Caitlin M. Heflin was born in Nashville, Tennessee and relocated to Los Angeles in 2017. Her work, The Backs of Angels suffered greatly from being overly dramatic and far too long for the message delivered. The performances by the “angels” were strong, but the lead dancer over emoted her angst of the testing of her faith. Heflin knows how to construct a dance, but not how to edit it or to get her vision across artistically. Choosing music by Bach, Vivaldi and Chopin helped to portray the religious aspect that she was seeking, but her choices were some that are so familiar to audiences that they evoke images of other, far better choreographers that Heflin probably does not know about.

The cast included April Torres, Caitlin M. Heflin, Jamie Carr, Madison Clark, Natalia Ramirez, and Sydney Wolford.


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Madison Clark in Colleen Hendricks "You shouldn't have done that." - Photo: Roger Martin Holman for LA Dance Chronicle

Chasity Ramsey was raised in Alabama. She has performed with MKM Bollystars, Daurden Dance Company, Amanda Bauman, Pieter Performance Space, and AKNU Productions. Frolicking Gypsies is a work that Ms. Ramsey should consider re-working. She spent too much time in the piece with nothing but filler that involved women skipping about, throwing flower blossoms into the air but neither causing joy or mischief. This is a story of a woman who passes a group of gypsies, falls asleep in a nearby field and dreams of interacting with them.

The two nice elements were the performance by cellist Jenny Chun and music by Michael Deragon. The cast included Ramsey, Angelina Rangel (whose singing was barely audible), Kathryn Bravo, Alexandra Pickett, Konwalia Kotlinski, and Darby Epperson.

The program stated that Ovation09_and artists “merges technique with experimentation”. With Willing Participant, choreographed by Katherine Mcculla, the experiment failed. Self-indulgent movement, over acting and an extremely unclear message hampered enjoyment of this work. A mask is discarded early into the work never to be referenced again. It was never clear who was the willing participant, although I assume that it was the lone male in the cast, Abraham Misel. It was, however, never made clear what exactly he was participating in. The cast included Misel, Taylor Unwin, Kaycee Jannino, Katherine Mcculla, and Laura Elderidge.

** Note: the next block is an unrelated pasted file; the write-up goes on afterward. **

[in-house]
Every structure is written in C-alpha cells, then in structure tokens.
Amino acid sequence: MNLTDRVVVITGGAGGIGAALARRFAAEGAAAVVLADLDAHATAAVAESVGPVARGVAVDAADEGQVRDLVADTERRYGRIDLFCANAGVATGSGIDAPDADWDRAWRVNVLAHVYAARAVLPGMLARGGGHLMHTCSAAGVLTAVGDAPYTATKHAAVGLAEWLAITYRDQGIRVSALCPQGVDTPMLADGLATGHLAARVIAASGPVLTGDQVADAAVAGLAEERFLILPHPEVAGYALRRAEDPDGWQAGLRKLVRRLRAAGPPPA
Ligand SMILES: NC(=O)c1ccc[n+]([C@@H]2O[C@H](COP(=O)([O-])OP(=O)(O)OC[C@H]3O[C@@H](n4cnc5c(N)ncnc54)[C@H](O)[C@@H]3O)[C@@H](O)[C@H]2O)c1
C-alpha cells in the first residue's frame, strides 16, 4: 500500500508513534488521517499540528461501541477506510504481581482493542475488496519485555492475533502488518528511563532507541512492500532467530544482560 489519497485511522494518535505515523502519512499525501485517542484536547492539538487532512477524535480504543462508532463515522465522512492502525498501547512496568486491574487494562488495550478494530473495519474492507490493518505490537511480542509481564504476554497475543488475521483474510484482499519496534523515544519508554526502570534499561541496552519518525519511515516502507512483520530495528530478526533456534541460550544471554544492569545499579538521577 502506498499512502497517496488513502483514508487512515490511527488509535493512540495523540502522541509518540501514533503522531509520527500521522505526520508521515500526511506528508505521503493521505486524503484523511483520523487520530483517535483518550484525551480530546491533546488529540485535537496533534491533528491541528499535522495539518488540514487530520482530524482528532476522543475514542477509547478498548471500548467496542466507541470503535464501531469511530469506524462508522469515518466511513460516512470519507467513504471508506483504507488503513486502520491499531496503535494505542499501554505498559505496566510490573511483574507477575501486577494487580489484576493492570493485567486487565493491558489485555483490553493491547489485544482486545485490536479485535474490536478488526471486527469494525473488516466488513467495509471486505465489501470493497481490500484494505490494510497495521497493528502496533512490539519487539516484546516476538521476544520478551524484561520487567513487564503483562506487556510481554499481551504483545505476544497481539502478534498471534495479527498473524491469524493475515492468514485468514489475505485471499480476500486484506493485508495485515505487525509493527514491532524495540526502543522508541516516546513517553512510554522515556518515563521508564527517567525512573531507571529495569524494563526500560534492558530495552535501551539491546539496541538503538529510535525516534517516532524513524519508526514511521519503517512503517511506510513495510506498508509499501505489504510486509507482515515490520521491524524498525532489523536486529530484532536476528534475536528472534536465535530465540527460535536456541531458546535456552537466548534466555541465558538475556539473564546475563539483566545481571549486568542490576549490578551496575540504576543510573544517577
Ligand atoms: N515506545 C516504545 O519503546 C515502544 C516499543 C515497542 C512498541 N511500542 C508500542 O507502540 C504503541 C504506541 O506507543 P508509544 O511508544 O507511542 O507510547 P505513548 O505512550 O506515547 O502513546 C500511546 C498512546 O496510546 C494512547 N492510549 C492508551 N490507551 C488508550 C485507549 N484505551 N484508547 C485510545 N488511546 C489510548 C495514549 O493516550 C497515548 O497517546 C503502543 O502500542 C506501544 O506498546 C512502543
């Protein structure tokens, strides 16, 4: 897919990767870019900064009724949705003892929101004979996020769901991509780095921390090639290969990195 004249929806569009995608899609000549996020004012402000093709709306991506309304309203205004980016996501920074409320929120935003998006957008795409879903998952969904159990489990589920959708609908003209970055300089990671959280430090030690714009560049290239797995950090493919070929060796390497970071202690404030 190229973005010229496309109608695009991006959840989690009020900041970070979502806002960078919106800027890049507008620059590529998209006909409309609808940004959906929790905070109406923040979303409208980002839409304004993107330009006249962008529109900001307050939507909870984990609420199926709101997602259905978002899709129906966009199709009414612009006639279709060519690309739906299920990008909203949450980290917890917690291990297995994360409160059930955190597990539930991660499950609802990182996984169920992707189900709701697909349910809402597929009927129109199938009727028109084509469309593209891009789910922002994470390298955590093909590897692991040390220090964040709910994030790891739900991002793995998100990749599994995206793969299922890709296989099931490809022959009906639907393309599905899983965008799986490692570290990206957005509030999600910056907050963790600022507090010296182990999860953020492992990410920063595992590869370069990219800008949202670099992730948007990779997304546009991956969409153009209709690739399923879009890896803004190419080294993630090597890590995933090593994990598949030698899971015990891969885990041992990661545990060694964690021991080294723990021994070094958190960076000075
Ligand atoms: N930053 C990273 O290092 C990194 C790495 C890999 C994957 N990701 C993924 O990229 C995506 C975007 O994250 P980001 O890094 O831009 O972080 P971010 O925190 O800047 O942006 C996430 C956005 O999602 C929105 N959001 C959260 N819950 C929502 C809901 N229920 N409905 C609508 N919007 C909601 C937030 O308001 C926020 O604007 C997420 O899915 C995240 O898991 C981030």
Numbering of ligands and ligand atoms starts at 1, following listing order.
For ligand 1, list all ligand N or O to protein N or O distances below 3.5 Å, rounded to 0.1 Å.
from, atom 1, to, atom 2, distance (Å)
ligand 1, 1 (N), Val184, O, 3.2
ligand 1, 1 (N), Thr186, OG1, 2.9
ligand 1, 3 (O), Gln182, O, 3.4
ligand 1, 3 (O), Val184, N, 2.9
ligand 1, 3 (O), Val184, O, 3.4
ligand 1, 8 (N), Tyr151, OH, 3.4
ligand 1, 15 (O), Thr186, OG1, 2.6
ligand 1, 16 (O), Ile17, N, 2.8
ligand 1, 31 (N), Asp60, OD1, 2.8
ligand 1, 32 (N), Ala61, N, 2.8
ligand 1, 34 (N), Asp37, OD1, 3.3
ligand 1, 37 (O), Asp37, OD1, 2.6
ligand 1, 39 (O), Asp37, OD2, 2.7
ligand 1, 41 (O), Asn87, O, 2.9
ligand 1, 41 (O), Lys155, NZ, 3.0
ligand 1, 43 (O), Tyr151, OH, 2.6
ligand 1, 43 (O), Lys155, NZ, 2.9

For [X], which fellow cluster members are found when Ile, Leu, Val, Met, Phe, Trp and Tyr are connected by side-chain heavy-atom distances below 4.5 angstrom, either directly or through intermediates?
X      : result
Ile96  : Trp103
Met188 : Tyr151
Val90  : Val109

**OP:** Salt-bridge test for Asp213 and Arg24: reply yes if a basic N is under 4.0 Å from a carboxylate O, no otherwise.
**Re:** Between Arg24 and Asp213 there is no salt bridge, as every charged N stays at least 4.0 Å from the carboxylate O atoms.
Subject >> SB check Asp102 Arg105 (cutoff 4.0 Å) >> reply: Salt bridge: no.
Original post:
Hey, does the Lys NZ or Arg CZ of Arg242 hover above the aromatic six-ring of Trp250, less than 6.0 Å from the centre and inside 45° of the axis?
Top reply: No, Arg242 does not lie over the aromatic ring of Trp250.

The evening concluded with a demonstrative solo choreographed by Colleen Hendricks and performed powerfully by Madison Clark. You shouldn’t have done that. You shouldn’t have done that at all was an emotional, but beautifully acted portrayal of a woman falling apart as a romantic relationship turns out to be one sided. Performed in silence, Clark impressively took the audience through her character’s hopes, fears, pain, anguish, self-hatred and final reluctant acceptance of the truth. Hendricks created tension by having Clark slowly pluck daisy pedals and silently mouthing “He loves me. He loves me not”, only to eat the final four petals in avoidance of knowing the answer. The tension built and climaxed with a repeated self-flagellation of her left arm as it swung backward to loudly slap against her back. Clark did so with such realistic force that the back of her left hand turned bright red afterwards. The piece ended with her slowly backing into the darkness, her eyes closed to the loneliness that she knows lies ahead.

For more information about Highways Performance Space and Gallery, click here.

Featured image: Katelyn Sanchez’s Rootless Cosmopolitans – Photo: Roger Martin Holman for LA Dance Chronicle.